Meillet's analysis also "rectified earlier interpretations"[1] that suggested that the Indo-Iranian common noun *mitra- had anything to do with the light or the sun. When H. Lommel suggested[3] that such an association was implied in the Younger Avesta (since the 6th century BCE), that too was conclusively dismissed.[4] Today, it is certain that "(al)though Miθra is closely associated with the sun in the Avesta, he is not the sun" and "Vedic Mitra is not either."[1]

Old Persian Mitra or Miθra - both only attested in a handful of 4th-century BCE inscriptions of Artaxerxes II and III - "is generally admitted [to be] a borrowing from the Avesta,"[5] the genuine Old Persian form being reconstructed as *Miça. (Kent initially suggested Sanskrit[6] but later[5] changed his mind). Middle Iranian myhr (Parthian, also in living Armenian usage) and mihr (Middle Persian), derive from Avestan Mithra.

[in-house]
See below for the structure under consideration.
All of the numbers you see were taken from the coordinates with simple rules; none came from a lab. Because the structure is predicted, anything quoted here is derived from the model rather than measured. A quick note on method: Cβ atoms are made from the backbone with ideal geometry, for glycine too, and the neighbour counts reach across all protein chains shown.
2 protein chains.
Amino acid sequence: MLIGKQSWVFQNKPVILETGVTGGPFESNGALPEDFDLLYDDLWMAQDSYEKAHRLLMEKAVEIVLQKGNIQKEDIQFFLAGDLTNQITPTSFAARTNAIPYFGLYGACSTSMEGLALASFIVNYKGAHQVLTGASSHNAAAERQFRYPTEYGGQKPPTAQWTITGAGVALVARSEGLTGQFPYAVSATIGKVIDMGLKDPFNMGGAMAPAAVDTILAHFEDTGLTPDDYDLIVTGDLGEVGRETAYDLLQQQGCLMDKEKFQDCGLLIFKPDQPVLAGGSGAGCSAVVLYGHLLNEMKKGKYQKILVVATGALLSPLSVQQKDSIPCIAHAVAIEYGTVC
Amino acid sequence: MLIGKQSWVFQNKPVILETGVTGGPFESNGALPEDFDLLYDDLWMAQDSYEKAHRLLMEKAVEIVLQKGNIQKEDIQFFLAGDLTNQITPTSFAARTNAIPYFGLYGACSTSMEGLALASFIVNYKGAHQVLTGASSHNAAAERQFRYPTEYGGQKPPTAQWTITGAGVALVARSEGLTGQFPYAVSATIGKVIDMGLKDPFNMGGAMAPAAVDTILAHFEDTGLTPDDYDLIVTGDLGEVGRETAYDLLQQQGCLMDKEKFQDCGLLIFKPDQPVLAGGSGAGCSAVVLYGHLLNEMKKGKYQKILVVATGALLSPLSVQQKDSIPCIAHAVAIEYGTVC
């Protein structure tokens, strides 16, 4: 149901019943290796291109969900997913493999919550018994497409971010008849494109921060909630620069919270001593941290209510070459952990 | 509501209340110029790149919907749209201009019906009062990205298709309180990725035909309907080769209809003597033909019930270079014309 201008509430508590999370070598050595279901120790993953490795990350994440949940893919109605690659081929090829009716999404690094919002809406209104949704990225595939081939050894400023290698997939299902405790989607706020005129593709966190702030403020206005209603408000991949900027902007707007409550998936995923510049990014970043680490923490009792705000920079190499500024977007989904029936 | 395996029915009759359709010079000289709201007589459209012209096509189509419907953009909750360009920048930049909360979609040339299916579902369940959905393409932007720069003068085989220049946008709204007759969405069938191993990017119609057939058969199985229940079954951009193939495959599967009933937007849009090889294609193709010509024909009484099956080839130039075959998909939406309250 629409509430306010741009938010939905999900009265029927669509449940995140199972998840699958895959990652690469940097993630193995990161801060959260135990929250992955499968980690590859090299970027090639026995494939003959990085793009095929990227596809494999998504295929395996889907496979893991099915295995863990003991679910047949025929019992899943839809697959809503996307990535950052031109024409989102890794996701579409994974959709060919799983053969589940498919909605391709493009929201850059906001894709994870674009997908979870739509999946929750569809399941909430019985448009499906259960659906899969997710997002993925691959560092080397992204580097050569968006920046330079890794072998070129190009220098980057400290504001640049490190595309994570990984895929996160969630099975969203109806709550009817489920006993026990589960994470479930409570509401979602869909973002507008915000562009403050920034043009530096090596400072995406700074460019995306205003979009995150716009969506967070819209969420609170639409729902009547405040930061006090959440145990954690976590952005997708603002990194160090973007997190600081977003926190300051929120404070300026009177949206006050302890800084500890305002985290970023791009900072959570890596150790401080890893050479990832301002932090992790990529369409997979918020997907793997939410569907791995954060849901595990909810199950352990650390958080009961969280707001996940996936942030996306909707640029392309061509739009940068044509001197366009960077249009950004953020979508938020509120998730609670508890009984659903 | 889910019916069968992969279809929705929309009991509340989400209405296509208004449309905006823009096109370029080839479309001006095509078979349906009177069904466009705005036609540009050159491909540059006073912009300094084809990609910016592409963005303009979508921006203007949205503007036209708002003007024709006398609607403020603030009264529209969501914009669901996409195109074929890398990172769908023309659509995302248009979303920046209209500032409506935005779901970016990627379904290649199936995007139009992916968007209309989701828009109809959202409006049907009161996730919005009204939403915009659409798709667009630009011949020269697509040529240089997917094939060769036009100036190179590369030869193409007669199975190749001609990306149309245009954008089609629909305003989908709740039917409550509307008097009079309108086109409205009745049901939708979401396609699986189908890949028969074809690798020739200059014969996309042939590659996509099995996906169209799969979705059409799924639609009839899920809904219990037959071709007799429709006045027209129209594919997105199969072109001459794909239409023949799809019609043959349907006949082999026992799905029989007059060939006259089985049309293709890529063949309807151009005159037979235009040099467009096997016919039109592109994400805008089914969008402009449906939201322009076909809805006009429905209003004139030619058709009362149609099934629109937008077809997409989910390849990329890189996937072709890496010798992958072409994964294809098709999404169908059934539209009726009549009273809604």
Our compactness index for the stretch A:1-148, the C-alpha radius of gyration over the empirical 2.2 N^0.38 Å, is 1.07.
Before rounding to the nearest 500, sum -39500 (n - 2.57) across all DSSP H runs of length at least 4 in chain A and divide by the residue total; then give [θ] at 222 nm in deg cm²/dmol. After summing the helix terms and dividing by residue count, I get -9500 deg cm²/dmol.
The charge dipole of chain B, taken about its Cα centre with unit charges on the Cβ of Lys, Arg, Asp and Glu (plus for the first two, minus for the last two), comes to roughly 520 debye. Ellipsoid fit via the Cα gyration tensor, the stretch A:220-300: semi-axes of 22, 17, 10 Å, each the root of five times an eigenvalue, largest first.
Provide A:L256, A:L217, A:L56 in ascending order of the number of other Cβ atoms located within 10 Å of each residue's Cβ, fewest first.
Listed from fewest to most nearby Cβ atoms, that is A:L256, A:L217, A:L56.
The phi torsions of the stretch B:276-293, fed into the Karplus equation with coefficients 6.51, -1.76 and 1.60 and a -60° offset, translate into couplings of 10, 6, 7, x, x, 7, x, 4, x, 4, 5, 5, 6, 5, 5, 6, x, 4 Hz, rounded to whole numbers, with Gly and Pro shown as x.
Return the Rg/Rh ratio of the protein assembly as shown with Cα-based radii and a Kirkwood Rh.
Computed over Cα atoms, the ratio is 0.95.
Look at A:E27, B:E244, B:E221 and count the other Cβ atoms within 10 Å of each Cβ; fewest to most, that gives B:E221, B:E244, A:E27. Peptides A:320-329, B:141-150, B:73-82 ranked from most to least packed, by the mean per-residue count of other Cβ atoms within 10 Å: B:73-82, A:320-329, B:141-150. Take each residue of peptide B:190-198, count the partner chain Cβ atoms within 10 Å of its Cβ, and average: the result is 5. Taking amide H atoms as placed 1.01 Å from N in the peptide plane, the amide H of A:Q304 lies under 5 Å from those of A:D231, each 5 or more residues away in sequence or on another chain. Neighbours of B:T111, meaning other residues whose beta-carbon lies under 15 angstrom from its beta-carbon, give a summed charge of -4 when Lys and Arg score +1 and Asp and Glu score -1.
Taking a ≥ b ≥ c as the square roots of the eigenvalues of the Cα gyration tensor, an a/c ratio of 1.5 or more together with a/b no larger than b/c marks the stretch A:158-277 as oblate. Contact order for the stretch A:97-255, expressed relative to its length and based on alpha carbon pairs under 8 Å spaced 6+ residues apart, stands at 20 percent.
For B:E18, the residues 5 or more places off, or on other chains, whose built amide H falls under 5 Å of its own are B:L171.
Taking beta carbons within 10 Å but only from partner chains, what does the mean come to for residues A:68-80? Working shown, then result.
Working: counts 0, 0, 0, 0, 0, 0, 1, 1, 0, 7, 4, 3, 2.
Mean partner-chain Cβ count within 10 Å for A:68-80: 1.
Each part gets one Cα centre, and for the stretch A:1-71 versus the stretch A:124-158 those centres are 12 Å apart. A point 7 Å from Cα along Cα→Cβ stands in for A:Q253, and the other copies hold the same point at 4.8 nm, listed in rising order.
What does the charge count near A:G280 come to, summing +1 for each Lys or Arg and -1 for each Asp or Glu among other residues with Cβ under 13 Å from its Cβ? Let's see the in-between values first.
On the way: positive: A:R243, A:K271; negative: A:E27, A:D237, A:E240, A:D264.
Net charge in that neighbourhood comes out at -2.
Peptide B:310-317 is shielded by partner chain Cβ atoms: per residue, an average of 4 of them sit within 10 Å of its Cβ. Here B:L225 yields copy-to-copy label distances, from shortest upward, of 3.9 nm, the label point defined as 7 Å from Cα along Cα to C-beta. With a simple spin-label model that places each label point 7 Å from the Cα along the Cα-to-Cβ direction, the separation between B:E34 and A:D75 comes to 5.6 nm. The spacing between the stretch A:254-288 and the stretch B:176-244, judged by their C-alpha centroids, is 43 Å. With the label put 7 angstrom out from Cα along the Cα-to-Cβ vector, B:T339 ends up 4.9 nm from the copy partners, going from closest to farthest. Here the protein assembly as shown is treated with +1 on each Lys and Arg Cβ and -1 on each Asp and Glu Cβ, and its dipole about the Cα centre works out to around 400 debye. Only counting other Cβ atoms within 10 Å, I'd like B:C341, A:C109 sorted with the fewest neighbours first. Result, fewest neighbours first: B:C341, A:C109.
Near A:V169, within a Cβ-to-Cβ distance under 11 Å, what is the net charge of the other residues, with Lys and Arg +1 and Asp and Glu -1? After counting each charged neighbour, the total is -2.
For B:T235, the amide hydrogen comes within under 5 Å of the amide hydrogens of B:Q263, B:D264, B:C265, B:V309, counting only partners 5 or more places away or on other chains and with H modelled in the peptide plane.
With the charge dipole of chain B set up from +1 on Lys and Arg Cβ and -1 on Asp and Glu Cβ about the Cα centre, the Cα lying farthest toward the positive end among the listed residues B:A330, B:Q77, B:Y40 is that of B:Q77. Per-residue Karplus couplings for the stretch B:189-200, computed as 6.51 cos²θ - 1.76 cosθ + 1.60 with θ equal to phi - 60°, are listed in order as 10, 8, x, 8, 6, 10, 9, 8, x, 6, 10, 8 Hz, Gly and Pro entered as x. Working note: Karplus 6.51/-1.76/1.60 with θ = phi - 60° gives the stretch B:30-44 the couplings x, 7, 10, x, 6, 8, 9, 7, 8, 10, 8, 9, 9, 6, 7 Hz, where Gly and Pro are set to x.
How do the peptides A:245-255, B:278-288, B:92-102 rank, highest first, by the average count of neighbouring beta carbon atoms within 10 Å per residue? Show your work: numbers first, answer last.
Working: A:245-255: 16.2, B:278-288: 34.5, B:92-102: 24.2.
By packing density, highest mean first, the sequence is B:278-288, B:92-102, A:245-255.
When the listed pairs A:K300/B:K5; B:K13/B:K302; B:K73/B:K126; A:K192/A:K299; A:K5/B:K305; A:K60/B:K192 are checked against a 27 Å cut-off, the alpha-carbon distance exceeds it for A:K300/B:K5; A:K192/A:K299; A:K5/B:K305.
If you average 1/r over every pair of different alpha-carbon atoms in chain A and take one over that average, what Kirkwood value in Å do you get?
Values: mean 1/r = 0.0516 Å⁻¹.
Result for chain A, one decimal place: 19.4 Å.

Greek/Latin "Mithras," the focal deity of the Greco-Roman cult of Mithraism is the nominative form of vocative Mithra. In contrast to the original Avestan meaning of "contract" or "covenant" (and still evident in post-Sassanid Middle Persian texts), the Greco-Roman Mithraists probably thought the name meant "mediator." In Plutarch's 1st-century discussion of dualistic theologies, Isis and Osiris (46.7) the Greek historiographer provides the following explanation of the name in his summary of the Zoroastrian religion: Mithra is a meson ("in the middle") between "the good Horomazdes and the evil Aremanius [...] and this is why the Pérsai call the Mediator Mithra". Zaehner[7] attributes this false etymology to a role that Mithra (and the sun!) played in the now extinct branch of Zoroastrianism known as Zurvanism.

Indic Mitra[edit]

Main article: Mitra (Vedic)

The name Mitra appears several times in the Bhāgavata Purāṇa.